Essential Architecture-  Chicago Loop South

333 North Michigan Building


Holabird & Roche/Holabird & Root


333 N. Michigan Ave.




Art Deco 


The building's base is sheathed in polished granite, in shades of black and purple. Its upper stories, which are set back in dramatic fashion to correspond to the city's 1923 zoning ordinance, are clad in buff-colored limestone and dark terra cotta.  396 feet (121 m) 34 floors


Office Building
  Carbide & Carbon Building behind 333 North Michigan
  333 North Michigan, 360 North Michigan, Mather Tower and 35 East Wacker
333 North Michigan is an art deco skyscraper located in the Loop community area of Chicago, Illinois in the United States. Architecturally, it is noted for its dramatic upper-level setbacks that were inspired by the 1923 skyscraper zoning laws. Geographically, it is known as one of the four 1920s flanks of the Michigan Avenue Bridge (along with the Wrigley Building, Tribune Tower and the London Guarantee Building).

Additionally, it is known as the geographic beneficiary of the jog in Michigan Avenue, which makes it visible along the Magnificent Mile as the building that seems to be in the middle of the road at the foot of this stretch of road (pictured at left).[1][2] The building was designed by Holabird & Roche/Holabird & Root and completed in 1928.[1] It is 396 feet (120.7 m) tall, and has 34 storeys.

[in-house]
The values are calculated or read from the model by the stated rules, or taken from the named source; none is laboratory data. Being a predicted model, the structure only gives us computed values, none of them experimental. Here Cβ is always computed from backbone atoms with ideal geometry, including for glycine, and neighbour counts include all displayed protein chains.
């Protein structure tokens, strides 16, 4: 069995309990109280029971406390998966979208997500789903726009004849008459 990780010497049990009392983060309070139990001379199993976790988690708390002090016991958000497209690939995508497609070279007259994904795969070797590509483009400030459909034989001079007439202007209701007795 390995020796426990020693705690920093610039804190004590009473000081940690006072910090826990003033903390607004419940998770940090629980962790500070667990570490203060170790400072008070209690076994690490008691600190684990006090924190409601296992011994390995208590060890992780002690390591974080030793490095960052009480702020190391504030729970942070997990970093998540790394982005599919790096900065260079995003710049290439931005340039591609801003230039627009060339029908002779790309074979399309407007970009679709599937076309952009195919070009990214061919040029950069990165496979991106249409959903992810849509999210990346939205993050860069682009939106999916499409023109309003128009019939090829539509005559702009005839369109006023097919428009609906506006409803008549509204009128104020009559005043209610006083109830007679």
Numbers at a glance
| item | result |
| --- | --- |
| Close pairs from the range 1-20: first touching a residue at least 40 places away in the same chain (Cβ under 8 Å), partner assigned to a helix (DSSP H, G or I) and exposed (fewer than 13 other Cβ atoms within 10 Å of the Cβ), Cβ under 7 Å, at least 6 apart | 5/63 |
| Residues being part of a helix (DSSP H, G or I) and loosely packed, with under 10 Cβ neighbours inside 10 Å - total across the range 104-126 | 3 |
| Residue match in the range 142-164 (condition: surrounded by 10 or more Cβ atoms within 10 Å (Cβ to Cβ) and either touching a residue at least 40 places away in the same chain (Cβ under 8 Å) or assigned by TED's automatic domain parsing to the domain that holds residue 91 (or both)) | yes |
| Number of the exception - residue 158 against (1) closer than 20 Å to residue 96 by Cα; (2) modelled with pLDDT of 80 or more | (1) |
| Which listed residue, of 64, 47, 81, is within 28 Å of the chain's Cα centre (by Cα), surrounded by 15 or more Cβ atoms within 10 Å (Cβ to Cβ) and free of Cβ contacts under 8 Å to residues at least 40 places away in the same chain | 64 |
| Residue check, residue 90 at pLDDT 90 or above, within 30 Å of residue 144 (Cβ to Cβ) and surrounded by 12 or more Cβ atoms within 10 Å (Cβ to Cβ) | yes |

It was designated a Chicago Landmark on February 7, 1997.[1] It is located on the short quarter mile stretch of Michigan Avenue between the Chicago Landmark Historic Michigan Boulevard District and the Magnificent Mile.

One of the city's most outstanding Art Deco-style skyscrapers, it is one of four buildings surrounding the Michigan Avenue Bridge that define one of the city's--and nation's--finest urban spaces. The building's prominence is further heightened by its unique site. Due to the jog of Michigan Avenue at the bridge, the building is visible the length of North Michigan Avenue, appearing to be located in the center of the street.


With special thanks to the City of Chicago website, , for much of the info on this page.
Photos copyright City of Chicago.